Secret gardens, or walled gardens, are basically domestic gardens enclosed inside artificial walls. These walls are usually made from bricks, stones or even greeneries themselves, as an extension of the landscape or the estate they were found in.
Secret gardens were originally conceived in medieval England for two reasons. The first reason is to prevent intruders, both humans and animals, from entering the inner region and accessing the fruits, herbs and other plants cultivated inside. This is especially crucial for gardens which contain imported plants and spices, such as cinnamon, ginger, silk and pepper, from the Far East. Prior to the colonisation of Asia and the Middle East, these products were exceptionally expensive owing to the monopoly of the Mediterranean spice trade by a handful of merchant princes. One study hypothesised that, adjusted for inflation, a pound of ginger costs as much as a full two days wage for the average labourer in the 17th century! This is perfectly understandable though, considering how bland food tasted at the time. Less we forget, the spice trade was arguably the most powerful driving force behind the post-Renaissance explorers and colonists.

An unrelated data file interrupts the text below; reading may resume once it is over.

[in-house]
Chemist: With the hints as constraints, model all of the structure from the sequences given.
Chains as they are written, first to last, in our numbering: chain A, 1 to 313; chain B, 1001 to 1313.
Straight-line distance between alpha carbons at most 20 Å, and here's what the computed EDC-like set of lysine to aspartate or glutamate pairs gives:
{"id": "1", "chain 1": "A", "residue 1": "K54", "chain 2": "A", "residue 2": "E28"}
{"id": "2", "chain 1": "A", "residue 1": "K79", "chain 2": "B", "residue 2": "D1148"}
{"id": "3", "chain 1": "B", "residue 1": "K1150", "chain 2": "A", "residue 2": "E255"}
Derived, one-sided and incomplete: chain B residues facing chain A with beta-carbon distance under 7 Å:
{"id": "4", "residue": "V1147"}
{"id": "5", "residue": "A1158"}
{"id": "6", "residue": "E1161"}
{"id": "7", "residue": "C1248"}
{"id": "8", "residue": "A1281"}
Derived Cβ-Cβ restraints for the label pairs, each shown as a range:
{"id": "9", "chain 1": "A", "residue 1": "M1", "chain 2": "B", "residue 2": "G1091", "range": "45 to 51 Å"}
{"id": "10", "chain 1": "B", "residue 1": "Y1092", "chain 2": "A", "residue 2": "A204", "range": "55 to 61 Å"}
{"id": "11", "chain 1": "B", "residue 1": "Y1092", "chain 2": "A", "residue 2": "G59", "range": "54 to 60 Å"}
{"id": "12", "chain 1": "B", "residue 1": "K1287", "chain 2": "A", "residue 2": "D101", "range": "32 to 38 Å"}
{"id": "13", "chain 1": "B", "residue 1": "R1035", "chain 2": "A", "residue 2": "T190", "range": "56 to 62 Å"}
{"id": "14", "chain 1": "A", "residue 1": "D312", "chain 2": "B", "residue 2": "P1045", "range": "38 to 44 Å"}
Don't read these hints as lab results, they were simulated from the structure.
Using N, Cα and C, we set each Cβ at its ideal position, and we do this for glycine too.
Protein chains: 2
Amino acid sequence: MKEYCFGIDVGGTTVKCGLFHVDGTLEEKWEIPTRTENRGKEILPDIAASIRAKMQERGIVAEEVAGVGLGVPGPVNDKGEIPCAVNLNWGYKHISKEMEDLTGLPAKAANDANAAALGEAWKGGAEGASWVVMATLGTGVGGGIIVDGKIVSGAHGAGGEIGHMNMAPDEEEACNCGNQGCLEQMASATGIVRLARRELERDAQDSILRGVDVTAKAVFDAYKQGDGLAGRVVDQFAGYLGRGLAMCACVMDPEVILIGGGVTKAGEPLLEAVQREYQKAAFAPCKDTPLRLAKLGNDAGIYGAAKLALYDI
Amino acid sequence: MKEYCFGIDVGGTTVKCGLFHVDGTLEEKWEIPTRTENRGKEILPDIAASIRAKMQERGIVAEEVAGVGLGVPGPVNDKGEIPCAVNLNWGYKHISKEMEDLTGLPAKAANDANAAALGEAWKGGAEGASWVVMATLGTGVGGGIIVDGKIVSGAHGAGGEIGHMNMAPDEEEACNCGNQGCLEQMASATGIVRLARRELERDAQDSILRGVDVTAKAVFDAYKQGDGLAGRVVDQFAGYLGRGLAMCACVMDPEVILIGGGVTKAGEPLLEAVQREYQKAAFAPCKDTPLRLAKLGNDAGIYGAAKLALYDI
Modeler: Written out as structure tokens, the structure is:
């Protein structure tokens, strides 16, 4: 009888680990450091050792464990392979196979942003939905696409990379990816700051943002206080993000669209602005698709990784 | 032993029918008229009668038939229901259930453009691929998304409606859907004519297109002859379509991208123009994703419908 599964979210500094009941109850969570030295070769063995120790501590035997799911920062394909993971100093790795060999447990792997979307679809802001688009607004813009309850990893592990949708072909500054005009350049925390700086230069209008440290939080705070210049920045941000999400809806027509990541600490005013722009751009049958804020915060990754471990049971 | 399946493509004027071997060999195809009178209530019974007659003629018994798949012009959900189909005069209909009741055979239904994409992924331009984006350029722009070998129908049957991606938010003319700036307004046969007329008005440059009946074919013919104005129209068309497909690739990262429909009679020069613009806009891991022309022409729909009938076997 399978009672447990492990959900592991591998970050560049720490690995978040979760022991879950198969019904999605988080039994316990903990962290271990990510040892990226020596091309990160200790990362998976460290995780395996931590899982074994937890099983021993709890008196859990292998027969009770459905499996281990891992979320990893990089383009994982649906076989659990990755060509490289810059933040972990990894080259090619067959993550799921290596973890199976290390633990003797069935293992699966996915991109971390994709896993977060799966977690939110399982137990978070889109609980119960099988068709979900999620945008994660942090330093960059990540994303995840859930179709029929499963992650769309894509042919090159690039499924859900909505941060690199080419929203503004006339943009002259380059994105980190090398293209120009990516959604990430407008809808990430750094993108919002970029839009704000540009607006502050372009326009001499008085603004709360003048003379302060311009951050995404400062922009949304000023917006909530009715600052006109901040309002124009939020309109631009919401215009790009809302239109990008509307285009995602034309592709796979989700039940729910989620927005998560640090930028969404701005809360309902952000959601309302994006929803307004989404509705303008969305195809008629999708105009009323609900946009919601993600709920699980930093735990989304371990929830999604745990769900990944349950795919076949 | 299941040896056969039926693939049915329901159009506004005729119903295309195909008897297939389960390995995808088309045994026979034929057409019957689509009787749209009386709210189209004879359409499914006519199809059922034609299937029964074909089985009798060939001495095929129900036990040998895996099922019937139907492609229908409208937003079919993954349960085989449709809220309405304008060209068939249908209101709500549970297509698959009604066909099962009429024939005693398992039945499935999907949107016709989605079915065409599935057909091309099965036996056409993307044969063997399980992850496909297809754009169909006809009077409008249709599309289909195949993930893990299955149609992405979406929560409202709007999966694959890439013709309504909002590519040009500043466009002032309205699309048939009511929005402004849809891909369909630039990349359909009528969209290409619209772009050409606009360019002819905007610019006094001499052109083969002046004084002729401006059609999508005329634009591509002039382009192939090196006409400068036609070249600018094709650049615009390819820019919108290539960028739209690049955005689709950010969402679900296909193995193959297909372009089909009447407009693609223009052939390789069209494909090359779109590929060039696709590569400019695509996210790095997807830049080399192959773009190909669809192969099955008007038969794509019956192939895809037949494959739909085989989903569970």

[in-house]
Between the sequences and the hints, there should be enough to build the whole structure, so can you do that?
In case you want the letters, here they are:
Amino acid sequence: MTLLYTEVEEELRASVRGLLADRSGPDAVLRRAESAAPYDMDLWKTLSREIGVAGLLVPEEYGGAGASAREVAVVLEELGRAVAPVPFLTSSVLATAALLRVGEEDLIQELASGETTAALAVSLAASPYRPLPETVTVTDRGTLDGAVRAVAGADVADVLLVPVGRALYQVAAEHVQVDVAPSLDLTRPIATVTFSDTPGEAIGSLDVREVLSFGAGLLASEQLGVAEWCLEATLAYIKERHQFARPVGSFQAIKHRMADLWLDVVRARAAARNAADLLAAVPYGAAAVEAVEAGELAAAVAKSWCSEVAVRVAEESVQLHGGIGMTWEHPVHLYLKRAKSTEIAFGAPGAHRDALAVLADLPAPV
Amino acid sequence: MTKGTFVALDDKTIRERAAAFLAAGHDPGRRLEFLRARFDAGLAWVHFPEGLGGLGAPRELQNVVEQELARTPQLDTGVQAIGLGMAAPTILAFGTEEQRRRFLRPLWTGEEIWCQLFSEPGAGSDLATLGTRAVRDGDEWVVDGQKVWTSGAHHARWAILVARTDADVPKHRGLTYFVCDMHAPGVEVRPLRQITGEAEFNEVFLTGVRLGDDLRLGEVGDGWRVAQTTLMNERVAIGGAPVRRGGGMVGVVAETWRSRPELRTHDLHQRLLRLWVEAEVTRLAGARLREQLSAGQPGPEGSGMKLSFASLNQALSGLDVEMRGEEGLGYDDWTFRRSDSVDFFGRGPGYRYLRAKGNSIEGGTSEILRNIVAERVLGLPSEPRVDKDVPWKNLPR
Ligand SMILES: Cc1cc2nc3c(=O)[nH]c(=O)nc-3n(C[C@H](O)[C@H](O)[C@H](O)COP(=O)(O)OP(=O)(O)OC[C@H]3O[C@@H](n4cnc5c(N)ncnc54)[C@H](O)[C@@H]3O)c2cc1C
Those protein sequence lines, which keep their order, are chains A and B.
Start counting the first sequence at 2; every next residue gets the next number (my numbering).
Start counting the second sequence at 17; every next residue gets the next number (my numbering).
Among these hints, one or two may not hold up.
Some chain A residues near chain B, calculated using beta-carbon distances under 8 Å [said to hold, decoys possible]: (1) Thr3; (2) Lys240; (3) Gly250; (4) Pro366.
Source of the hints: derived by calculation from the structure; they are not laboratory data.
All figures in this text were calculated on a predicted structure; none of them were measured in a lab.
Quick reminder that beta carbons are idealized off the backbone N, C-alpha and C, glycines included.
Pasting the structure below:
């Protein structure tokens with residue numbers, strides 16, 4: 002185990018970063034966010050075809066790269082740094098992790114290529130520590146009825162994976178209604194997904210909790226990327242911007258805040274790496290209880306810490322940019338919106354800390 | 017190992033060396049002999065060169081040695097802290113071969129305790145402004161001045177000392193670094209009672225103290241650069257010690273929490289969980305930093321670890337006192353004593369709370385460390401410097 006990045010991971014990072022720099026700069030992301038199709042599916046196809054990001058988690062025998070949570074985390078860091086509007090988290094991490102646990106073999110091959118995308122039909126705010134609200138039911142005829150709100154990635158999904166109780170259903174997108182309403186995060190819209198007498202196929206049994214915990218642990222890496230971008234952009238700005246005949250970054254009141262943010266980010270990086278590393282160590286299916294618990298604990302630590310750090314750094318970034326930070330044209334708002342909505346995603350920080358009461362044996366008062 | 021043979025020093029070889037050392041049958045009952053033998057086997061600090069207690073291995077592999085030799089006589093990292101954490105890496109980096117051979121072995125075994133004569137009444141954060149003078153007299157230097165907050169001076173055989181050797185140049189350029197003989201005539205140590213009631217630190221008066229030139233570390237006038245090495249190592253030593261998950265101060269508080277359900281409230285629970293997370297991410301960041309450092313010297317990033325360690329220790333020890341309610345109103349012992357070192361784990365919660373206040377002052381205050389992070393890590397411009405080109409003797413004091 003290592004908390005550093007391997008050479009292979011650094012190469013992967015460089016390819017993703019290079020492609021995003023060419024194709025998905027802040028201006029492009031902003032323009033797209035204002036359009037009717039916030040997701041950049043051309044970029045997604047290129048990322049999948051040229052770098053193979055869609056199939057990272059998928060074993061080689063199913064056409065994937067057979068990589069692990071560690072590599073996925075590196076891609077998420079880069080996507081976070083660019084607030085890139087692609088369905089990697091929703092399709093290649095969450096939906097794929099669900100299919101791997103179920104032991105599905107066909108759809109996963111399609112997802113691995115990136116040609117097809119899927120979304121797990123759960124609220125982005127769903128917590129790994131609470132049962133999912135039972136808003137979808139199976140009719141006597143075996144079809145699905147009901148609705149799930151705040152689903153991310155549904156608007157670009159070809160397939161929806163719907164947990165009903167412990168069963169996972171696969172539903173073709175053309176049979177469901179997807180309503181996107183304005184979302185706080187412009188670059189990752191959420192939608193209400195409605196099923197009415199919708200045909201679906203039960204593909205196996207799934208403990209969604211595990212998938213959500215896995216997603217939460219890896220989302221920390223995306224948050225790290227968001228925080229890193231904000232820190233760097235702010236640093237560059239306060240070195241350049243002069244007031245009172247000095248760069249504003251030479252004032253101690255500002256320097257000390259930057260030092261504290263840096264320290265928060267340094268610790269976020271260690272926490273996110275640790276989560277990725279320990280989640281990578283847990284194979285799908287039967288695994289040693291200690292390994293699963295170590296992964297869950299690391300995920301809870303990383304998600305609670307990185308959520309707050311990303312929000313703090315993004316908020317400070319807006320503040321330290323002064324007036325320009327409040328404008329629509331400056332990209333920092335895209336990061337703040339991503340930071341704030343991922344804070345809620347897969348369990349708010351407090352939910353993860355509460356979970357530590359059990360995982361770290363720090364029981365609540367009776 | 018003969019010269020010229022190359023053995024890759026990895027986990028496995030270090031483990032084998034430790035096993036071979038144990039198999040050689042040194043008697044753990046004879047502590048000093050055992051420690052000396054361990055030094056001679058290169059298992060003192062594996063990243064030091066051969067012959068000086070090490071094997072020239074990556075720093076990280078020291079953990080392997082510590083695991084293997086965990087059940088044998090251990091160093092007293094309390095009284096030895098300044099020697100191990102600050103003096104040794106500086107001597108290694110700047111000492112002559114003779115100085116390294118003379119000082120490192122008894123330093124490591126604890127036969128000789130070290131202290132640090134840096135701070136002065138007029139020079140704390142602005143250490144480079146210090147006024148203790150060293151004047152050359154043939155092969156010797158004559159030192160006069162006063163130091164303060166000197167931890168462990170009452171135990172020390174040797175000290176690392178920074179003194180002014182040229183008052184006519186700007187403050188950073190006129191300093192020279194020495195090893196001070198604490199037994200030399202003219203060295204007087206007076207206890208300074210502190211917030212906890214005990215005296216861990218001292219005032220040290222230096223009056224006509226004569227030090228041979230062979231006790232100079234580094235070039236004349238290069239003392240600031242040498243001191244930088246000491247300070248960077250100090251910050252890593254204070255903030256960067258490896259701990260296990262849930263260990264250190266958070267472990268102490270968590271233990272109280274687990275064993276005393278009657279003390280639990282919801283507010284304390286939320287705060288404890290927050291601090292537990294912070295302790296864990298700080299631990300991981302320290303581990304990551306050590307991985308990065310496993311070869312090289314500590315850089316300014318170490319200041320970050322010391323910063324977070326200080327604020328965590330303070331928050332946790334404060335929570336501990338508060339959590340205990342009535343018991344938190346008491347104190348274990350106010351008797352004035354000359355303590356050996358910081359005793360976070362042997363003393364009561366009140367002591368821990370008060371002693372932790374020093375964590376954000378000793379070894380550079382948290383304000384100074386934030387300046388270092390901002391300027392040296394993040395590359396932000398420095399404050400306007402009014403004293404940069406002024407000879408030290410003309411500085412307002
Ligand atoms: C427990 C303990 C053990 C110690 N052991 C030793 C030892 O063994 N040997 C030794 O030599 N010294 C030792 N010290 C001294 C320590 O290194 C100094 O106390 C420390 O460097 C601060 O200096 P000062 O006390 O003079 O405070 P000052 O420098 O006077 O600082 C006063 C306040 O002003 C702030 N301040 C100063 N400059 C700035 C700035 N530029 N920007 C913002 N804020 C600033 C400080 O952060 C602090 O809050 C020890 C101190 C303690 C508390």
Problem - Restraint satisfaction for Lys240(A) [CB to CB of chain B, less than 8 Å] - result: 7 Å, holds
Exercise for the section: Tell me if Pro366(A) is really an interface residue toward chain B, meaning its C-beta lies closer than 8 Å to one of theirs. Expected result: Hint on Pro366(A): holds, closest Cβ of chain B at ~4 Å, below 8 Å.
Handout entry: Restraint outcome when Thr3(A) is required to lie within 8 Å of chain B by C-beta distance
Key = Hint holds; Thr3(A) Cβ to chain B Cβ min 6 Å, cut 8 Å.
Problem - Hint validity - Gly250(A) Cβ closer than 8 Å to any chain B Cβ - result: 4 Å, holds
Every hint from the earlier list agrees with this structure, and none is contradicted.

The second reason for the walls is to act as a mechanism to shelter the more fragile plant life inside the gardens, such as grapes, roses and peaches, from the harshness of cold, especially during winters. Walls typically absorb heat from the rays of sun during the day and slowly disseminate them back into the garden at night. Many walls were also built with vents, which allow the distribution of heat from centralised charcoal braziers or wood furnaces. In a sense, the walls regulate temperatures inside the enclosed gardens. In some instances, the moderate temperature actually facilitated the healthy cultivation of plants native to the Mediterranean and tropical climates.
Interestingly though, the term ‘secret garden’ only gained national prominence in the early 20th century following the publication of Frances Hodgson Burnett’s classic children book, The Secret Garden. Since then however, the term has been used interchangeably with the more popular walled garden.
Today, technological advances and more sophisticated economic and trading models have diminished the practical and economic appeals of secret gardens. Nevertheless, their popularity has withstood the test of time owing to their enduring aesthetic and social appeal.
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